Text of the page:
The gravity of the financial and banking sector reform also appeared clearly in the state’s turn to borrowing from local commercial banks to fill the deficit in the public budgets and mobilize financial resources with foreign currency three times within two and a half years (€250 million on 6 July 2017, €365 million on 31 March 2019, and €455 million on 1 February 2020). All these loans were to be repaid with hard currency over three years from the date of disbursement at rates ranging from 2% on annual installments for some banks and 2.25% in bulk for others.

The debate over these loans relates not to the technical dimension consisting in the difference in interest rates if Tunisia were to borrow from abroad or the issue of mobilizing public resources; rather, they are directly connected to the series of laws and financial measures that were adopted in 2015 and 2016 under IMF pressure. The resort to the commercial banks came one year after the approval of Law no. 64 of 2015 on the Tunisian Central Bank’s statue and pursuant to Article 25 of that law, which stipulates that “the Central Bank may not grant the public treasury overdrafts or loans or directly acquire securities issued by the state”. In simpler terms, this article prevents the state from diversifying its sources and constricts the options for self-financing via the Central Bank at low rates.

Amid the economic crisis that continues to this day, the governments of Habib Essid and Youssef Chahed chose to look for quick solutions that soothe the populace’s anger via doses in the form of loans, albeit at the expense of national interest. The last five years were distinguished by a prominent theme: eliminating the state’s role in the banking sector, amputating its financial arm and ability to perform a moderating role in the financial market, and compliance with the IMF’s structural reform program to the letter. The IMF’s recommendations were not limited to the financial and banking sector; rather, it sought to impose its conceptions on all the various sectors amid total government submission to the international prescription for saving the Tunisian economy – a prescription that, as the numbers have proven, subsequently forced both the government and the people into a corner.


This article is an edited translation from Arabic.


Keywords: Tunisia, Banking, Debt, Central Bank, IMF


[1] The public banks represent 40% of the banking sector, and the banking assets from these banks contribute 23% of the total financing for the various economic sectors. Financing in the form of loans encompasses 23% of tourism and 30% of the industrial sector. Similarly, the loans granted to farmers reached TND200 million by 2018. As for employment, the government banks currently employ approximately 9,000 people, and they contribute 3% of the GDP.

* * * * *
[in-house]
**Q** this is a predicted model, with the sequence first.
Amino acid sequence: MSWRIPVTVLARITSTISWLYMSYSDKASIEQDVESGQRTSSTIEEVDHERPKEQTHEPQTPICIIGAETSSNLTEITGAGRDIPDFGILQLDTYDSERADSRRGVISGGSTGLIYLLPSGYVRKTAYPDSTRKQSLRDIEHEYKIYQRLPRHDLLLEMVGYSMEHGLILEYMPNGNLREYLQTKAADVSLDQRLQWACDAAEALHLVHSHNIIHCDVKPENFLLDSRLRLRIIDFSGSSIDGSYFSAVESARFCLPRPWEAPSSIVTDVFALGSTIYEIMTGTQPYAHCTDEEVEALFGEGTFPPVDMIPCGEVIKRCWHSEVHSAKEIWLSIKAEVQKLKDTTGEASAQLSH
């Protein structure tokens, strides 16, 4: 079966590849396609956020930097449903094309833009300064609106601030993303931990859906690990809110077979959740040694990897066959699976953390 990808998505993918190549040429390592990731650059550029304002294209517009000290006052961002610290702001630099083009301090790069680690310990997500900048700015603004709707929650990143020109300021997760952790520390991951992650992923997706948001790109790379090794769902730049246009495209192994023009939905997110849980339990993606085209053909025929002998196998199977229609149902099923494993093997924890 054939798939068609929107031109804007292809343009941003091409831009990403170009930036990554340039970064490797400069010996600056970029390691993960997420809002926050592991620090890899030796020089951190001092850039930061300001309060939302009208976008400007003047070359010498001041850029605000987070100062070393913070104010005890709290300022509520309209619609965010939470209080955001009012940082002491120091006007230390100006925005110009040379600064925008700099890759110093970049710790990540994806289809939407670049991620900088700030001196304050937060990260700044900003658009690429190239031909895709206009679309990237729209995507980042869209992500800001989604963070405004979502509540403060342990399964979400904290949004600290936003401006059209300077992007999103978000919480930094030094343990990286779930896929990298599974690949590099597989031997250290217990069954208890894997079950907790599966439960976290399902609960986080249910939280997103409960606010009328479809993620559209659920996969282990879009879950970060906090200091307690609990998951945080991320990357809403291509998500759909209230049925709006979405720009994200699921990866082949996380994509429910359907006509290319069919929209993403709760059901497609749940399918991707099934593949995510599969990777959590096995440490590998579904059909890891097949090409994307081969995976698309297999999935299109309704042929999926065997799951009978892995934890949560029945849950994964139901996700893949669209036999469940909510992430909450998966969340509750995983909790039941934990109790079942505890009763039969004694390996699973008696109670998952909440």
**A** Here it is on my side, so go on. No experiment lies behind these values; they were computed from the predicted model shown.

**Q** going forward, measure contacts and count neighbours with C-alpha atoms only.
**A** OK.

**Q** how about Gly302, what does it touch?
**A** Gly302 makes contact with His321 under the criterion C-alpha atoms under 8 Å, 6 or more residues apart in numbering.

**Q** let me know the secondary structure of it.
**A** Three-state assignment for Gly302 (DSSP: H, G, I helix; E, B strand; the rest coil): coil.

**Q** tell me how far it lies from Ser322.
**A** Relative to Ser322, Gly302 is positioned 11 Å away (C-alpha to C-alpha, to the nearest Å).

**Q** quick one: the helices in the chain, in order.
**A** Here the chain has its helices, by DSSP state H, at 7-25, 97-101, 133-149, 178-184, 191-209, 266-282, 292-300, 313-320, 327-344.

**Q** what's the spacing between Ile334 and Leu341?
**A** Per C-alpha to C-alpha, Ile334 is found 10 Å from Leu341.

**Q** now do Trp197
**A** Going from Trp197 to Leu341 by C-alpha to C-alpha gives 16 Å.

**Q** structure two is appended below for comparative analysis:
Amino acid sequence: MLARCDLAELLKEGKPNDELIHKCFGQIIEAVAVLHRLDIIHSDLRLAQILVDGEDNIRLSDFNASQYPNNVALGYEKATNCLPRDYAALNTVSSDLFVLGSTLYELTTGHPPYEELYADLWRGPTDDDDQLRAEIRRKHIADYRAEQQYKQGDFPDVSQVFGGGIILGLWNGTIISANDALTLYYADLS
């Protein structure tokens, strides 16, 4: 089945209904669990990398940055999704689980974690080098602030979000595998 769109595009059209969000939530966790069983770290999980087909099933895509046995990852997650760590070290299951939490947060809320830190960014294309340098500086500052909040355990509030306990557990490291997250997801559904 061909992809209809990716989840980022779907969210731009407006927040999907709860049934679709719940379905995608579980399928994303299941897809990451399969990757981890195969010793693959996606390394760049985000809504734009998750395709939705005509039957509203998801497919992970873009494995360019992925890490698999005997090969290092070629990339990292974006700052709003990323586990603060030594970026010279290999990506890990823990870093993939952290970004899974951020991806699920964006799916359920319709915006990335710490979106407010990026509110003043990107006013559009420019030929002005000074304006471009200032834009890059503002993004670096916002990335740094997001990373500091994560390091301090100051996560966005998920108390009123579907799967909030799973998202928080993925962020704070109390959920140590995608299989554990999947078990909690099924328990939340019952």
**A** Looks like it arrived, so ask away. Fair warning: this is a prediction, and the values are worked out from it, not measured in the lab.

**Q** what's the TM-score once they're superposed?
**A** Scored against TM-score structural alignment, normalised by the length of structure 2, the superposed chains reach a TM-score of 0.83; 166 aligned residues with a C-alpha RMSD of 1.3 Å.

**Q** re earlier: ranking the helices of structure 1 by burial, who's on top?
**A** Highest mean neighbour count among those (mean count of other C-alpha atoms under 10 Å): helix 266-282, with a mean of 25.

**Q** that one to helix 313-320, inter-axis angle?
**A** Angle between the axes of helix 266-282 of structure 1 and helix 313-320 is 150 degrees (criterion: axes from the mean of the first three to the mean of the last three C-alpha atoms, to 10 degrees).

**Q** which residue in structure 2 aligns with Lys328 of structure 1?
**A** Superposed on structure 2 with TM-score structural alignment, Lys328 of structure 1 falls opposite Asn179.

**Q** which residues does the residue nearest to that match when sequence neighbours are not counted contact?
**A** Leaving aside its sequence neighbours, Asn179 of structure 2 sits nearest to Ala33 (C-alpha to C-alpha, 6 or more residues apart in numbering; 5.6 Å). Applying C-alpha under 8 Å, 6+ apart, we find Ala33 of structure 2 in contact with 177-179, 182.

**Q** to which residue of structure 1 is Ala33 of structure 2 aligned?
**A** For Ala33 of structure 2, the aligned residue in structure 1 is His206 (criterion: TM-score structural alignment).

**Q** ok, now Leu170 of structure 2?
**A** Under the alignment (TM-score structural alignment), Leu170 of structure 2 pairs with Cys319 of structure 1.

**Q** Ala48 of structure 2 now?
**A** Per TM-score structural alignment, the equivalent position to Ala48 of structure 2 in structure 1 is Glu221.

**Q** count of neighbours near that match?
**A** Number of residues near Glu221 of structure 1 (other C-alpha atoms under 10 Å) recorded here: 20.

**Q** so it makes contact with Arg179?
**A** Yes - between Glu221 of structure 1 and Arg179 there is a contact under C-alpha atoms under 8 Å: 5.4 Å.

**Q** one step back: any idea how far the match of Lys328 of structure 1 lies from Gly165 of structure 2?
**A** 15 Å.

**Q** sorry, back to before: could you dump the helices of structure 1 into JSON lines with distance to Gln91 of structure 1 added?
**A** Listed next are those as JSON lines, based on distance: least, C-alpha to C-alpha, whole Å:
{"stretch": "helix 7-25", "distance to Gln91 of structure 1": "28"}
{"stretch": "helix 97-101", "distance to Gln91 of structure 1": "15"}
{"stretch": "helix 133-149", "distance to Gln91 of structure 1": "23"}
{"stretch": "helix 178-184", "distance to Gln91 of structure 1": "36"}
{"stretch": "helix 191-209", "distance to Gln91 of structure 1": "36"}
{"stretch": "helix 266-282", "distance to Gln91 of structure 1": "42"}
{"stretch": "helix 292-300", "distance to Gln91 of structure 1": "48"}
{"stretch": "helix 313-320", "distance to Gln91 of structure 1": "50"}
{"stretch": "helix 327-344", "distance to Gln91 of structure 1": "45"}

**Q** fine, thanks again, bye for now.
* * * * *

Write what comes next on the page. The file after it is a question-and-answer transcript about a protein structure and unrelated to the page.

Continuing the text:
In relation to the public banks, unpaid debts reached TND5.9 billion in 2018, while their losses approached TND2.5 billion in 2018. These financial institutions were drained as a result of their exploitation to finance companies tied to former president Zine El Abidine Ben Ali’s family with sums amounting to TND1.75 billion, and 30% of these sums were provided in cash without any guarantees of repayment.

After the comprehensive audit finished in 2014, the fate of these banks remains unknown despite repeated government allusions, most recently in 2017, to the need for privatization in the face of total rejection from the La Fédération Générale des Banques et Etablissements Financiers [General Federation of Banks and Financial Establishments] of the government options proposed.

[2] Mohammed Samih Beji Okkez, “Qurud Sanduq al-Naqd al-Duwaliyy: al-Mal Muqabila al-Ta’a al-'Amya'”, Nawaat, 26 April 2016.

[3] Mohammed Samih Beji Okkez, “Qanun al-Nizam al-Asasiyy li-l-Bank al-Markaziyy: Istiqlaliyya 'ala Hisab al-Sayada”, Nawaat, 13 April 2016.

[4] Mohammed Samih Beji Okkez, “Qanun al-Bunuk wa-l-Mu'assasat al-Maliyya: Khutwa Jadida ‘ala Sikkat Sanduq al-Naqd al-Duwaliyy”, Nawaat, 12 May 2016.

[5] Provisional Instance to Review the Constitutionality of Draft Laws Decision no. 2 of 2016 on the Banks and Financial Institutions Bill (24 May 2016).

Share the article

Mapped through:

Articles, Economy, Industry and Agriculture, Tunisia

For Your Comments

Your email address will not be published. Required fields are marked *